Nine years ago, Zhai Liang called a selection of his works the “Decisions Collection.” They are small watercolors, mostly of scenes from daily life. Some include human figures and some are simple scenes. Titles such as Tian’anmen Square, Dancing to Sounds, The Ambush, and Massive Dust Particles emphasize the narrative force of the paintings. As well as the formal unity of the series, the pursuit of rich and complex content appears to be an everyday practice for the artist. In recent years Zhai Liang has given constant thought to the basic problem of painting—what subjects to depict and how to portray them. The choice of subject is one of the oldest issues in painting. Although contemporary artists are no longer restricted to religious and historical subjects, Zhai Liang takes the craft of painting seriously and is traditional in his approach. From this Zhai Liang could not glean a common theme for this group of works, so he called it his “Decisions Collection.”
Now that the exhibition opening at White Space Beijing is over, it seems unusually quiet. Each day around noon, Zhai Liang comes to the gallery, changes into work clothes and picks up a book to read, or draws in a small sketchbook. Sketches large and small are pinned up on the green wall; some of these have already been turned into paintings. The square exhibition space has been divided in two. As you enter you are surrounded by different sized works by the artist. The most striking work is placed directly in the viewer’s line of sight. Titled There is Only One Truth, its composition and tone are reminiscent of Manet’s Le Déjeuner sur l’herbe. Zhai Liang has said it is a cross between Manet’s paintings and Cézanne’s The Card Players. The lower half of the wall has been painted grass-green, a soothing color for the viewer.
As you walk round and enter the other side of the space, the artist’s long workbench comes into view. On the wall are a number of the sketches Zhai Liang designs every day. On the bench are the artist’s tools and the Ming-era book The Night Ferry. On bookshelves above and next to the bench sit many reference books, including The Monasteries of Luoyang, Space, The Gnostic Religion, A History of Christianity, and Histoires des peintures. This behind-the-scenes view encourages us to make a connection between Zhai’s reading and his painting. In both his subject matter, which is hard to classify, and in his reading, he is unintentionally working towards a kind of knowledge, or towards the imagination of knowledge.
For Zhai Liang, reading is parallel to painting, an activity that paves a way for the difficult task of choosing subject matter. The books in the exhibition space demonstrate his interest in Western philosophy and Chinese history.
The artist has already reached a certain stage in thinking about subject matter. He wants to use
his painting to create a system of thought, and this exhibition is just a beginning. Its title highlights the intertextuality of painting and reading: “Catalogue: The Library of Babel.”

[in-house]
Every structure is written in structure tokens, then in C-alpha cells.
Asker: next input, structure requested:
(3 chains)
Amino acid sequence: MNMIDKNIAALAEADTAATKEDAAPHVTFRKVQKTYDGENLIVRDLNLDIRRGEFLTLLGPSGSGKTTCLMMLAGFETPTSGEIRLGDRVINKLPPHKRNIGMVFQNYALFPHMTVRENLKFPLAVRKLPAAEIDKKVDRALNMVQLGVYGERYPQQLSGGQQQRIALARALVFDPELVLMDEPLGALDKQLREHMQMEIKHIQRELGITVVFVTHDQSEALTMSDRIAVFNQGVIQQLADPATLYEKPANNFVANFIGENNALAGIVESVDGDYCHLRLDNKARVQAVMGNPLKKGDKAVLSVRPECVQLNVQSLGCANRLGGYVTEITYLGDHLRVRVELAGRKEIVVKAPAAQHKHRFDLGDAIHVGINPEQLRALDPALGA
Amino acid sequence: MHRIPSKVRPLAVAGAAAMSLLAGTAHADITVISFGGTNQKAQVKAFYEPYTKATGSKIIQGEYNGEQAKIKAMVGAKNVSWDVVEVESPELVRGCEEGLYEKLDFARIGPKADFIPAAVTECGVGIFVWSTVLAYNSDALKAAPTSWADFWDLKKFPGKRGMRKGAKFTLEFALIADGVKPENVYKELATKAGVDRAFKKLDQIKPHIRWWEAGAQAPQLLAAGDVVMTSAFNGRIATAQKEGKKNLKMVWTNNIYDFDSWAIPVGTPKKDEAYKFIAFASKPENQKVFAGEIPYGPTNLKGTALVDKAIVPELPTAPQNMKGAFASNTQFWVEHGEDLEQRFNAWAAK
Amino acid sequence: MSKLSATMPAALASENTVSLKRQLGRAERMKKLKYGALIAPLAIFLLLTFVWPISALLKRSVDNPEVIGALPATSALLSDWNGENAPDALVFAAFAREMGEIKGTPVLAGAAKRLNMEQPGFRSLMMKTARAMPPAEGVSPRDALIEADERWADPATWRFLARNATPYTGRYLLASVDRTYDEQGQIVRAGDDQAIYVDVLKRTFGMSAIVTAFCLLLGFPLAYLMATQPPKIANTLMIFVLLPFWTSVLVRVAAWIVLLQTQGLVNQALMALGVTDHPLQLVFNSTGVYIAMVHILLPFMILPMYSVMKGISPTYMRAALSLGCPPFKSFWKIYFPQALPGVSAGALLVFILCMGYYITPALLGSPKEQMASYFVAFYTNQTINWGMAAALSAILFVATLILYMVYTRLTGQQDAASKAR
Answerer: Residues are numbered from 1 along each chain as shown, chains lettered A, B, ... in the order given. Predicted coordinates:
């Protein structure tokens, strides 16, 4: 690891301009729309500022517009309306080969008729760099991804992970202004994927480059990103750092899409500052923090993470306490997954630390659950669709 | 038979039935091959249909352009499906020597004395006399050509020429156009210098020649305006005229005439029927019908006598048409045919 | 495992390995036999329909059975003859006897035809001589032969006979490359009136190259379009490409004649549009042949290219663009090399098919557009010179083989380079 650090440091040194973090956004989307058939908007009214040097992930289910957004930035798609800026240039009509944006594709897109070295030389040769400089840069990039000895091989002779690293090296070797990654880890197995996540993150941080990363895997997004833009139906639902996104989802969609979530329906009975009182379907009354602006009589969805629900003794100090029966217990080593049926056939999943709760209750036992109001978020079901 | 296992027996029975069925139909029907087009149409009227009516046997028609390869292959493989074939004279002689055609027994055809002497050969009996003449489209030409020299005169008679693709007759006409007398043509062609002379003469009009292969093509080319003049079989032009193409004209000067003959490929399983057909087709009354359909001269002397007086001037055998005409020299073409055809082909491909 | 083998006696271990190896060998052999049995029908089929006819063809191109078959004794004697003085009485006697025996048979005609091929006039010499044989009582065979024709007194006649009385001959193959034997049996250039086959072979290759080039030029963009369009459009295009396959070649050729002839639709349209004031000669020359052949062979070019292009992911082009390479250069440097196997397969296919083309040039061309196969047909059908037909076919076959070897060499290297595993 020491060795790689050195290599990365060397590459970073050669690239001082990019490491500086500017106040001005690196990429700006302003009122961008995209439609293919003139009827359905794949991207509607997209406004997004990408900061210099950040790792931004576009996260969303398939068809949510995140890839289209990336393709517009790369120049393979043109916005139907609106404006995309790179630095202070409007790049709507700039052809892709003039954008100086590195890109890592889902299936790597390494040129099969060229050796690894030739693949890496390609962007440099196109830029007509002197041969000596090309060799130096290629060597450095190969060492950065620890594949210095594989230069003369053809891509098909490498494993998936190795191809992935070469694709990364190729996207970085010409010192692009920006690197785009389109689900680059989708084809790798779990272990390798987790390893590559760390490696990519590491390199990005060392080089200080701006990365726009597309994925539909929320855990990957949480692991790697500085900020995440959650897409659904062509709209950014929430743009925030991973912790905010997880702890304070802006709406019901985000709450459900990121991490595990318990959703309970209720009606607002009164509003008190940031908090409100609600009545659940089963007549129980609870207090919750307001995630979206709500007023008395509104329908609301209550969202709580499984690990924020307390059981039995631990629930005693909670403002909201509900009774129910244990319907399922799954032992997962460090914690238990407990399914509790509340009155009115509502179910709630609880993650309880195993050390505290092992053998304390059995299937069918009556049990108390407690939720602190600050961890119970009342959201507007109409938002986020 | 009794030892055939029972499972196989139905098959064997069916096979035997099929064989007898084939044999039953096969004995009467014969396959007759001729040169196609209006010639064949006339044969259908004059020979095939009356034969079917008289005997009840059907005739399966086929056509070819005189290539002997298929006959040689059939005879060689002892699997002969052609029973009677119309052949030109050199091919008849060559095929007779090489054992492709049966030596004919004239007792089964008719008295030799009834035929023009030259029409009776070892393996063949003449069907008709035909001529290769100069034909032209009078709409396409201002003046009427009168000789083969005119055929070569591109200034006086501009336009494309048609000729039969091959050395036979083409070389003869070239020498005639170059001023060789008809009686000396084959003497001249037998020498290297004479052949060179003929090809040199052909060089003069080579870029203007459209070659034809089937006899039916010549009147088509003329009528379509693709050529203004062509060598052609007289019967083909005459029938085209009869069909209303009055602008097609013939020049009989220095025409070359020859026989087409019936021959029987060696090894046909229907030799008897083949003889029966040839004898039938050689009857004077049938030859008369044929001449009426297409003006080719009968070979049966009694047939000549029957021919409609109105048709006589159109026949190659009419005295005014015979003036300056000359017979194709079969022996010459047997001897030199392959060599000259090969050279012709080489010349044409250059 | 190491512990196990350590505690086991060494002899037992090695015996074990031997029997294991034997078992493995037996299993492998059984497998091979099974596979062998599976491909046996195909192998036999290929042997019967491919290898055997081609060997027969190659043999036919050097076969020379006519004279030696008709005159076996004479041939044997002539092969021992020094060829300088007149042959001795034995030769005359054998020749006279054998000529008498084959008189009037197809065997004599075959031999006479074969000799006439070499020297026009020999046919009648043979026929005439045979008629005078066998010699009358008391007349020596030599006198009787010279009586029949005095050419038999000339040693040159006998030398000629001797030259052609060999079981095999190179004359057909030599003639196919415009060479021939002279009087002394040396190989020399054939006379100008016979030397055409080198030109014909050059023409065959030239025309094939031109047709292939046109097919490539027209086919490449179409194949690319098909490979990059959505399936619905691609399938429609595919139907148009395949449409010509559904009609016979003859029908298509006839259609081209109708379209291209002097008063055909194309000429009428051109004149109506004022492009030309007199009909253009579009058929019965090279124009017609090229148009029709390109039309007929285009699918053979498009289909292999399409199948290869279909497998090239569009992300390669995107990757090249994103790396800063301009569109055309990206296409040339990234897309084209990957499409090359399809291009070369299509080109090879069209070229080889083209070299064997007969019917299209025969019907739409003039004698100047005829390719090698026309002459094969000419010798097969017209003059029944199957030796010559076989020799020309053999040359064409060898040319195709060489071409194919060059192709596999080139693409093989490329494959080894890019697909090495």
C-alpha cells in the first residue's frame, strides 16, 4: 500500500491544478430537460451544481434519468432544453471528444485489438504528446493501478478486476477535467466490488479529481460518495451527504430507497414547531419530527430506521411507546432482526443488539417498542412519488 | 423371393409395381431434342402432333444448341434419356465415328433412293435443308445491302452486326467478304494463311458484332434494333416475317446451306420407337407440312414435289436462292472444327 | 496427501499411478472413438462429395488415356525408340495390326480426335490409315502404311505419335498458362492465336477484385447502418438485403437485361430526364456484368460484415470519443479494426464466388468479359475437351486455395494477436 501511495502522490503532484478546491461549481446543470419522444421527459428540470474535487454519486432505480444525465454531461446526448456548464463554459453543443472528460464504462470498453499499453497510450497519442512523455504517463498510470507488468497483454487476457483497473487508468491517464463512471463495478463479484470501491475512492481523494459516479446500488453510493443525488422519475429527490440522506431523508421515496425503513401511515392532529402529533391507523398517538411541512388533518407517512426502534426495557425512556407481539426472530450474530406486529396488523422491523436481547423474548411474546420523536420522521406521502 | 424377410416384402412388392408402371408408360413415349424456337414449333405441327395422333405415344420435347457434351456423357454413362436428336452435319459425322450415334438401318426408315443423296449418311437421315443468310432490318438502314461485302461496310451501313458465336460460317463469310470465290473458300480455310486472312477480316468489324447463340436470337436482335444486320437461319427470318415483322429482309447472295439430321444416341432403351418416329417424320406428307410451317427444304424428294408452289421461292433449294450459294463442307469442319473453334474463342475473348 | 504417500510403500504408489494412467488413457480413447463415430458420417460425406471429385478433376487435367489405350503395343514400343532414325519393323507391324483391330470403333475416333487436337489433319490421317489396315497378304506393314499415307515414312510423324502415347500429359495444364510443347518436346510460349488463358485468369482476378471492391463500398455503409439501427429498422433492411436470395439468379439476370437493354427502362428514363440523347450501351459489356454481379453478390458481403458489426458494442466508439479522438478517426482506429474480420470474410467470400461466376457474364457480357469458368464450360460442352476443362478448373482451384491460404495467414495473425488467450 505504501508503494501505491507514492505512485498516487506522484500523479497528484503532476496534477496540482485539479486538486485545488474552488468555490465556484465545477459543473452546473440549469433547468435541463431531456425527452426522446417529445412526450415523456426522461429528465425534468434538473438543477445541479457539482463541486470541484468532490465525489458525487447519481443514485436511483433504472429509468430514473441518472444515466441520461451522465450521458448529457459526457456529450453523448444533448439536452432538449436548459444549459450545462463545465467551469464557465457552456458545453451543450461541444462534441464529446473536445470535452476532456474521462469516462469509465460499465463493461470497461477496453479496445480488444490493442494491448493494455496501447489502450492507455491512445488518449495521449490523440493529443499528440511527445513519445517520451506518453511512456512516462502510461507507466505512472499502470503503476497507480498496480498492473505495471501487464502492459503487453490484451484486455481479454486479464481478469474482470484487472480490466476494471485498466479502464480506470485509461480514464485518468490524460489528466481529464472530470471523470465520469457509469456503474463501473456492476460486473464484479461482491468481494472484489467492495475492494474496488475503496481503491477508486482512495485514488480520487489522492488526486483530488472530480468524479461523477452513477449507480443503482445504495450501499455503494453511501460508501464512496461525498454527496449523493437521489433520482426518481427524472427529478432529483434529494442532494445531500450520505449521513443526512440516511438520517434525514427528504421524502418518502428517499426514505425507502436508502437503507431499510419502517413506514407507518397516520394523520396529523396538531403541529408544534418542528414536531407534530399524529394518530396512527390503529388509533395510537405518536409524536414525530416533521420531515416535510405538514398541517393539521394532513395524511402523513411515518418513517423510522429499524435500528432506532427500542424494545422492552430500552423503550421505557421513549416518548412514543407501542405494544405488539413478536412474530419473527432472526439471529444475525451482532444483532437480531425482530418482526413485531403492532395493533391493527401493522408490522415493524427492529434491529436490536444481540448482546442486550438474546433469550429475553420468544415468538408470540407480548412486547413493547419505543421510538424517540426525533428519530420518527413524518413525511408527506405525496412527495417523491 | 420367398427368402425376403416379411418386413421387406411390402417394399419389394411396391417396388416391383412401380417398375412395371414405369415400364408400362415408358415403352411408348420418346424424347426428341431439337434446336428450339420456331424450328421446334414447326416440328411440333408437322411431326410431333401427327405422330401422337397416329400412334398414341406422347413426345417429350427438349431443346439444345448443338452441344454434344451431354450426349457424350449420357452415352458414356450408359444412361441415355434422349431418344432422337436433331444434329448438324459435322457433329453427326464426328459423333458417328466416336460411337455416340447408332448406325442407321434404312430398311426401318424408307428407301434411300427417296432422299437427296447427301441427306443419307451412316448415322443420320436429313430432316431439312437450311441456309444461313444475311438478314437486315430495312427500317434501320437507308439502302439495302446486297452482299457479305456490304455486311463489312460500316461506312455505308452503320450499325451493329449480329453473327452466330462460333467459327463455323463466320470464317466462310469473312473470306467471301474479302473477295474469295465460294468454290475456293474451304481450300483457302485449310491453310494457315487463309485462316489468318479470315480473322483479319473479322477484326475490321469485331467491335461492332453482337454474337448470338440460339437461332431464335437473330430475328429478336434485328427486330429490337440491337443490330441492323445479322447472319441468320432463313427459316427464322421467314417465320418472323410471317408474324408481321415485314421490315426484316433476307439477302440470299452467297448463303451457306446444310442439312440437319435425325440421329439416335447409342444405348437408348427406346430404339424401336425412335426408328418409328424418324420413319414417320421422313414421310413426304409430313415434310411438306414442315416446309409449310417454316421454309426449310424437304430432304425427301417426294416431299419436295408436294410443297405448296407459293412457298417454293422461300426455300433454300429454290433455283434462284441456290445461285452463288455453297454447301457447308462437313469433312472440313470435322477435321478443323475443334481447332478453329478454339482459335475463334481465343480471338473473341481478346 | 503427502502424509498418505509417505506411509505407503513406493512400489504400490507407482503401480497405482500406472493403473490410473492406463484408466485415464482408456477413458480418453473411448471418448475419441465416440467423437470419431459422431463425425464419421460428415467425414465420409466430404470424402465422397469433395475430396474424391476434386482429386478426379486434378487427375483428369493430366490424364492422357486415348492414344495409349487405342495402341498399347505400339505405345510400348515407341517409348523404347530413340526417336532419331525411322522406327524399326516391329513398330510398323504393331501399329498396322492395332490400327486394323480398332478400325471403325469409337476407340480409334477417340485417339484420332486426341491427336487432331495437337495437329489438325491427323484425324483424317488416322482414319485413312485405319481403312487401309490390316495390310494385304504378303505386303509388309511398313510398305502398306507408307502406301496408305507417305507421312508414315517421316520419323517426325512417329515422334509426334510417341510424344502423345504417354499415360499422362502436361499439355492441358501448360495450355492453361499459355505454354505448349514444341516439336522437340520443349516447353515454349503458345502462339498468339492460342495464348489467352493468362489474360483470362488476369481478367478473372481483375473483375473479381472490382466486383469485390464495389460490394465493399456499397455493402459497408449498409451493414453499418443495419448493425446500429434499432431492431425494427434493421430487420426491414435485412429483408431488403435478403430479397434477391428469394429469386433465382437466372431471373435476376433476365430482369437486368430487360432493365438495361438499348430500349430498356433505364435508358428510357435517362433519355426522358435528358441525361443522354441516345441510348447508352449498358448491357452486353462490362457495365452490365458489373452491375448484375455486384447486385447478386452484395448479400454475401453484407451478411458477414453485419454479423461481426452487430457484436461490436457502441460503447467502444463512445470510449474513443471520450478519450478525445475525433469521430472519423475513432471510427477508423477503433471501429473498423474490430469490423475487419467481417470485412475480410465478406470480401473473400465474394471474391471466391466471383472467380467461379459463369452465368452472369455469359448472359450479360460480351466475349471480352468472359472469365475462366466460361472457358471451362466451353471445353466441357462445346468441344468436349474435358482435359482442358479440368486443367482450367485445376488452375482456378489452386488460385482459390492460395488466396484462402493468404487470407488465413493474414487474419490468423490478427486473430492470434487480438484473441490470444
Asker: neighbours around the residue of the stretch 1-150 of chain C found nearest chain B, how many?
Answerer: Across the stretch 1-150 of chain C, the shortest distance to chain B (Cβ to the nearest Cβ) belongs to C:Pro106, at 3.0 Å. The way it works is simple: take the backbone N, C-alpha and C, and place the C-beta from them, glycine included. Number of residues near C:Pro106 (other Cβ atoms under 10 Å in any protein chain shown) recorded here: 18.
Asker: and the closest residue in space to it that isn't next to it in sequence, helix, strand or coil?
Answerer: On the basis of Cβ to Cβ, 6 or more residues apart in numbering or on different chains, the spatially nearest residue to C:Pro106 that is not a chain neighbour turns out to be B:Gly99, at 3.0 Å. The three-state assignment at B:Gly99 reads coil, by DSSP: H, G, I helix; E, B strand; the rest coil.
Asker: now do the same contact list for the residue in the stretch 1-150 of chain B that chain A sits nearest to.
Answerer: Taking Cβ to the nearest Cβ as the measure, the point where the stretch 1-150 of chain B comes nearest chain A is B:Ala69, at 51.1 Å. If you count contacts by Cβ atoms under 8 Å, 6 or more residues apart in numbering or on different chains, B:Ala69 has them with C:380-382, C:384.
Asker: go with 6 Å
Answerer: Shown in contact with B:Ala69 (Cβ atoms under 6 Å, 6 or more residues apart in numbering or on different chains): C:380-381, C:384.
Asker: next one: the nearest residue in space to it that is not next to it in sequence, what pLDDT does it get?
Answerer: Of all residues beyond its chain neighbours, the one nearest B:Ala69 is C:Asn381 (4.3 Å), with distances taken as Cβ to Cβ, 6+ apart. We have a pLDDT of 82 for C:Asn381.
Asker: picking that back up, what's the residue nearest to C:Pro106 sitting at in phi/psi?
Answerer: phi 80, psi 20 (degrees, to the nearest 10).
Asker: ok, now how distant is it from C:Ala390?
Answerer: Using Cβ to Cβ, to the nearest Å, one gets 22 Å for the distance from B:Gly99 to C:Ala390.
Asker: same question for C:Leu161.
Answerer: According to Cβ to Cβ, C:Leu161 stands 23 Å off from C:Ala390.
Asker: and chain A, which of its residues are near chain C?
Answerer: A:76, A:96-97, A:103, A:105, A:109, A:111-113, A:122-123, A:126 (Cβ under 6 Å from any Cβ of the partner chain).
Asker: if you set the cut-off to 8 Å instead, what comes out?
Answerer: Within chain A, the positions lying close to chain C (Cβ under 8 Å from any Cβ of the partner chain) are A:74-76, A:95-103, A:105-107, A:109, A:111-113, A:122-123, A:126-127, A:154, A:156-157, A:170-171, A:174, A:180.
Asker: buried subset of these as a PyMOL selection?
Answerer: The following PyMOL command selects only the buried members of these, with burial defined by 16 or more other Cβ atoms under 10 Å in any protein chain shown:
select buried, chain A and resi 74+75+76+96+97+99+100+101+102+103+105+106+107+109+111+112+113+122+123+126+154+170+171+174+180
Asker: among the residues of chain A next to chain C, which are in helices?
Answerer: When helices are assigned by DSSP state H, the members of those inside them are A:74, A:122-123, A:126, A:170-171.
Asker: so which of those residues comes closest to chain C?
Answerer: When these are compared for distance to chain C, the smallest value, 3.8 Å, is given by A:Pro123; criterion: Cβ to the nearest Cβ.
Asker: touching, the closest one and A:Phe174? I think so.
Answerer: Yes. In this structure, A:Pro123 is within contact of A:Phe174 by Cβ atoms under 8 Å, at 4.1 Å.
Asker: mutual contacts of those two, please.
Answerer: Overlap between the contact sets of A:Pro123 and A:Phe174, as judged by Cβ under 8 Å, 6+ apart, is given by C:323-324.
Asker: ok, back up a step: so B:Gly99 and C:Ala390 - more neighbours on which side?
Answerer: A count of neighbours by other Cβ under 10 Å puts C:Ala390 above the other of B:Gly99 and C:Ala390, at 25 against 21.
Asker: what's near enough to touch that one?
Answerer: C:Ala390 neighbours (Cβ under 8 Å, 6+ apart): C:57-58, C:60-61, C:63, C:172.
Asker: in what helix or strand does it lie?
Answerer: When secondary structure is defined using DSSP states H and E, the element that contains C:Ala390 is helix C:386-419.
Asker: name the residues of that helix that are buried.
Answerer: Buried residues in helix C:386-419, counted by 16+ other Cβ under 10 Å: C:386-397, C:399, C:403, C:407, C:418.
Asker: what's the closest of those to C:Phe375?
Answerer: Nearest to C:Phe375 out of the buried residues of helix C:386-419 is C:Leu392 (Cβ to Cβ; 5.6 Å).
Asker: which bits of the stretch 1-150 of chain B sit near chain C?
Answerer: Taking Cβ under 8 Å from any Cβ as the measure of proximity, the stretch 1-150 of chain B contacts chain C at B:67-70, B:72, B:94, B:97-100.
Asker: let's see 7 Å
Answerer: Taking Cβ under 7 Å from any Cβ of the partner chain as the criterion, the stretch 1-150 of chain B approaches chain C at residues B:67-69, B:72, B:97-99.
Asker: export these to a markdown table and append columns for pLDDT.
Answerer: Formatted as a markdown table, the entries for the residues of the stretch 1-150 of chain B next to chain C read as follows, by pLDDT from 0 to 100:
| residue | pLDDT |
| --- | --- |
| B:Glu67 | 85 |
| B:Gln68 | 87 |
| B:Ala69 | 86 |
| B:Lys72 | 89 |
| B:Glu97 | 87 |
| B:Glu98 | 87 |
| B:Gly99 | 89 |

The names of the works are based on stories, but for a lot of viewers and art lovers the visual aspect alone is enough to attract them. In Zhai Liang’s work there is always something accessible that draws you in. This is especially true of his watercolors, each a simple and concise snapshot of everyday life. They suggest that there is a mystery to be found in the quotidian.
General of Chariots and Cavalry was a high military rank in ancient China, part of the Han ranking system and just below the ranks of Supreme General and Fast Cavalry. The main duty of this rank was to lead expeditions against rebels. In times of war the General took up his post; once battle was over he would be dismissed. Zhai Liang starts by drawing the chariot in his imagination, and in the process of observing the picture he starts choosing what to remove until he is left with the two wheels seen in the final work.
The Night Ferry is a miscellany by Ming author Zhang Dai. It covers a broad range of topics from cosmology and geography to official classics and histories, from religious thought to myth and folktales, from the politics of individual leaders to institutional history. The topics are wide-ranging and are classified into 20 main categories, with more than 4,000 entries in all. With the range of disciplines and fields of knowledge covered, it is like an ancient encyclopedia. The notes taken by Zhai while reading this book provide the raw material for many of his works.
“The universe (which others call the Library) is composed of an indefinite, perhaps an infinite, number of hexagonal galleries, with enormous ventilation shafts in the middle, encircled by very low railings. From any hexagon the upper or lower stories are visible, interminably.” The title of Zhai Liang’s exhibition is taken from Borges short story “The Library of Babel.” The opening sentences introduce an imaginary library to the reader. Zhai Liang believes that The Night Ferry also describes a library of encyclopedias.